The district buys in to Common Sense Media (http://www.commonsensemedia.org/educators) which is a program that teaches digital citizenship and receives a 1hr/month time commitment from everyone in the district.  Students learn about digital footprints, social media farming, cyber etiquette, and more; all necessary lessons in the district that once rolled out the largest laptop enterprise in the world which garnered the attention of Steve Jobs who spoke there in 2001.  Teaching digital citizenship is a vital pillar of the school’s laptop program that was most certainly not implemented by accident.  One of the main themes of the day was that no one should ever buy into technology before they have a plan.  Many districts fail on this front because they secure a grant and purchase iPads or a laptop cart before they have a real plan for how to effectively use the technology, including training all parties involved.  Money should be the last concern as Mooresville is currently operating it’s laptop system on less than $1.25/day including all hardware, software, updates, and support (this does not include infrastructure). That’s the price of a bottle of Coca-Cola!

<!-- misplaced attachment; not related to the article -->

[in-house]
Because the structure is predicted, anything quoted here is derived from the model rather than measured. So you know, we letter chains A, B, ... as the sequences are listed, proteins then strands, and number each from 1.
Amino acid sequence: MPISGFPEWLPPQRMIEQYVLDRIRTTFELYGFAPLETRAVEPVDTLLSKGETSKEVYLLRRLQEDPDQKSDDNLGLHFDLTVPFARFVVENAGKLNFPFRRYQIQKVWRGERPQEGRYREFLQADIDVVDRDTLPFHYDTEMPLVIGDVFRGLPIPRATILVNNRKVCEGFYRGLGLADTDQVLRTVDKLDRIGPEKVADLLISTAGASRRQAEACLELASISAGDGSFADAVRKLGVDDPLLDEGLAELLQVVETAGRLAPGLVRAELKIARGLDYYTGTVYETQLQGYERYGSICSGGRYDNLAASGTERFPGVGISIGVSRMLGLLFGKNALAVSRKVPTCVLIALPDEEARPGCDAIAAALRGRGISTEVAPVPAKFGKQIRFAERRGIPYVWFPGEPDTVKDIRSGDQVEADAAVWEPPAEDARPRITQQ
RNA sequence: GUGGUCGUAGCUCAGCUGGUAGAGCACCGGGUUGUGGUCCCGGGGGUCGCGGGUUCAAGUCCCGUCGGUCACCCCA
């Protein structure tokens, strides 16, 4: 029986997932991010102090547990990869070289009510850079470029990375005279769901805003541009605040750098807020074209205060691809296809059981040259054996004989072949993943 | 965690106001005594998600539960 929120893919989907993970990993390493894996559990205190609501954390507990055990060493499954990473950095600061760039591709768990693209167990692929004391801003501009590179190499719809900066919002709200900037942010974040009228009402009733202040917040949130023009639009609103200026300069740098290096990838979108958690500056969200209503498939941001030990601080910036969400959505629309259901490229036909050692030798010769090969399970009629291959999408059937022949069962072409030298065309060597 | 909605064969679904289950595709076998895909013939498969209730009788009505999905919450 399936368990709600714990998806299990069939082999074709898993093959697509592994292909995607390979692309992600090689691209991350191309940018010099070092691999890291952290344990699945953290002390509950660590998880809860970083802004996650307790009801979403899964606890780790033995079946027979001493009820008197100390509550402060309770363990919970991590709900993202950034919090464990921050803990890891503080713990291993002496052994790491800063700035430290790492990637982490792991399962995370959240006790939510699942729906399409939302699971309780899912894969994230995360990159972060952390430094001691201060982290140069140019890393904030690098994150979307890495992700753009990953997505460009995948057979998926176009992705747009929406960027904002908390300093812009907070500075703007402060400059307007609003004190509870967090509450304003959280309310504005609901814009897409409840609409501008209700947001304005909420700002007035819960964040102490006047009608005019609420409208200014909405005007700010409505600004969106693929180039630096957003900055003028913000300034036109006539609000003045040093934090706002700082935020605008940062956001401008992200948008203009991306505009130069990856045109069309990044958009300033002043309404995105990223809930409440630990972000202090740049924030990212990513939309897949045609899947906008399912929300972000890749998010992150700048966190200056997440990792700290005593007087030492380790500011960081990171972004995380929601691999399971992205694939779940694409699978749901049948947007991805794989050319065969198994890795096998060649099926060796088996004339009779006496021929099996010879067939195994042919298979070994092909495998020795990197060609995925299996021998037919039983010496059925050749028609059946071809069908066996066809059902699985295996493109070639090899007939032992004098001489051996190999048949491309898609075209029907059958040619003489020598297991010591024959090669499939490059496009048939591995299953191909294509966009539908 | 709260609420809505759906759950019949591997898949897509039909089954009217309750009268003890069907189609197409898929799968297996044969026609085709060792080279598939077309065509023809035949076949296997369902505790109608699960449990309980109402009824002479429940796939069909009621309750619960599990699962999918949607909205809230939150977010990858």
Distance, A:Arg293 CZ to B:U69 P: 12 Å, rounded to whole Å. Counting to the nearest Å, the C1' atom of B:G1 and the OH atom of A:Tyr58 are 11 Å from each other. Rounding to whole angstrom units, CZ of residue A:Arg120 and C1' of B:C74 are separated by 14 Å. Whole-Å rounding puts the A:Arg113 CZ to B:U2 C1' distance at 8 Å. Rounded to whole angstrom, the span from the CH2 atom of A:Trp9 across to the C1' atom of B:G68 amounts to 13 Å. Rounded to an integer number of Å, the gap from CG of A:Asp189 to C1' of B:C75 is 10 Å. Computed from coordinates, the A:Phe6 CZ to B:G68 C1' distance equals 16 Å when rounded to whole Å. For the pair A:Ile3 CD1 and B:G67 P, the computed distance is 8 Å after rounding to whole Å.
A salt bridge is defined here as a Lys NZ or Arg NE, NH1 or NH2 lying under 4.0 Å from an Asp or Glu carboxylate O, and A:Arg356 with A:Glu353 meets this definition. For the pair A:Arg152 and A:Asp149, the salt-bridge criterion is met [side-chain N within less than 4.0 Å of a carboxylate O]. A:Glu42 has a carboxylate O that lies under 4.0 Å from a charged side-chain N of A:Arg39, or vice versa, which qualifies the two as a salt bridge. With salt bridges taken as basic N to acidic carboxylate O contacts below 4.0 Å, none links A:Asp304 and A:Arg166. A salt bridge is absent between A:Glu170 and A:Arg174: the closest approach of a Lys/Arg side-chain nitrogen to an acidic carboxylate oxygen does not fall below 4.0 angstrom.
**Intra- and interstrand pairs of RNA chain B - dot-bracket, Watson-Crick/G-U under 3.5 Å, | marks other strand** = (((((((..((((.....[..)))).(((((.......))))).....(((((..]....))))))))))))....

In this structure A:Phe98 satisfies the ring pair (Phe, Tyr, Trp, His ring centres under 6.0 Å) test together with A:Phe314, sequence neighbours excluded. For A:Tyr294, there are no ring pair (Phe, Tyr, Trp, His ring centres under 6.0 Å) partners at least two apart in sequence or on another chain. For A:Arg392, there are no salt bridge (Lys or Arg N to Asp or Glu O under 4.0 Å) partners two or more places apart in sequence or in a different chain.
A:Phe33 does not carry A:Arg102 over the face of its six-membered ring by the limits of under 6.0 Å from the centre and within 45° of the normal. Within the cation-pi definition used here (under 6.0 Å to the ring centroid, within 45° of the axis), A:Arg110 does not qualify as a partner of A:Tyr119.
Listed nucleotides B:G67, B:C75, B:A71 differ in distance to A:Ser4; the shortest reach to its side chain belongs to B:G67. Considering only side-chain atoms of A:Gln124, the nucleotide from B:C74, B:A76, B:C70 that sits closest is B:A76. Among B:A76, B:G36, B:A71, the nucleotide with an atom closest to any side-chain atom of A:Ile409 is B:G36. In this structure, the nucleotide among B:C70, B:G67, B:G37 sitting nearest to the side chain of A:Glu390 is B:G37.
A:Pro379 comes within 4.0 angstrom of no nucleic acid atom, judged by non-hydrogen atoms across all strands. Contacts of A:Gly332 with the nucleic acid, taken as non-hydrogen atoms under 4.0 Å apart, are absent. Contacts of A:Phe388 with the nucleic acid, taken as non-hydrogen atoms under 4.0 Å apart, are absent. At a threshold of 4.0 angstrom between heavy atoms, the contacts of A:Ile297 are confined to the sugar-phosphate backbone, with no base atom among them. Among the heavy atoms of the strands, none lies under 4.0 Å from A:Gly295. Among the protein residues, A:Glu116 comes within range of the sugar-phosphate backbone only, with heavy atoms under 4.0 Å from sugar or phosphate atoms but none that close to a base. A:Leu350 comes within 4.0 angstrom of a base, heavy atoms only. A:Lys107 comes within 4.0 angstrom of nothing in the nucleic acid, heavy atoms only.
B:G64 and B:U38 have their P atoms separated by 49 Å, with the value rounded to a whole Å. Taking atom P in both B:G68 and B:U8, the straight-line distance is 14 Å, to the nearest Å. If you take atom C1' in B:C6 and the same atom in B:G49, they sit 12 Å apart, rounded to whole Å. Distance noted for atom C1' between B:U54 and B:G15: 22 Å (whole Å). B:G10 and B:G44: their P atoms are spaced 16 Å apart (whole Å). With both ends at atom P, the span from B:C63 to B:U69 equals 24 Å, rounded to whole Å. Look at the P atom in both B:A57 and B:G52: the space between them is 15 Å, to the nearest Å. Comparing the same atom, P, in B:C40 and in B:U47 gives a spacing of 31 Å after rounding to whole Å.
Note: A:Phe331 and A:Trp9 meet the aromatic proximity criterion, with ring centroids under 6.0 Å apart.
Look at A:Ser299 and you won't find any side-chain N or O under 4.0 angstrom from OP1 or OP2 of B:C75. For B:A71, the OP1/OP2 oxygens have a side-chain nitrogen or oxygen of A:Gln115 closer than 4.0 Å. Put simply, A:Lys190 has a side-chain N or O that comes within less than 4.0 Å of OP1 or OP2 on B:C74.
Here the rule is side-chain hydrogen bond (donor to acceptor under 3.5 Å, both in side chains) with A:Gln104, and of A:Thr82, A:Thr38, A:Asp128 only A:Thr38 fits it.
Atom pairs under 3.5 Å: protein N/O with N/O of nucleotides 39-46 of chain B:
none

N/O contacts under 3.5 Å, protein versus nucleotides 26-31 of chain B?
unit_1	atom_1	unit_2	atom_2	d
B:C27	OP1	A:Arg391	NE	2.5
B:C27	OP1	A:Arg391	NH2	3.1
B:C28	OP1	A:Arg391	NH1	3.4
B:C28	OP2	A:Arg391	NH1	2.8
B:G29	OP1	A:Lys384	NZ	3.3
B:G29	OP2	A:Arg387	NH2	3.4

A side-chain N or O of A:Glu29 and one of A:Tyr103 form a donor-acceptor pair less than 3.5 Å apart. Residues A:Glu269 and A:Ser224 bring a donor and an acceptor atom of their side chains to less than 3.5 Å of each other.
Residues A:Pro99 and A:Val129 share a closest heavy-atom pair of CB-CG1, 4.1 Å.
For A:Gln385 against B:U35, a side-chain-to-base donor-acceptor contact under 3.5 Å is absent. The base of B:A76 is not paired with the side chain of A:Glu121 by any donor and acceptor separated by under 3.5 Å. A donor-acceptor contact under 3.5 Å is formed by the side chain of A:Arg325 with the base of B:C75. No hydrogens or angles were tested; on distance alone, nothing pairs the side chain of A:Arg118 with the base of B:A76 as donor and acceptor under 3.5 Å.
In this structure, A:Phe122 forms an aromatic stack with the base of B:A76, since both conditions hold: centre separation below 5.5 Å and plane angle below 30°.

No one should ever buy into technology before they have a plan.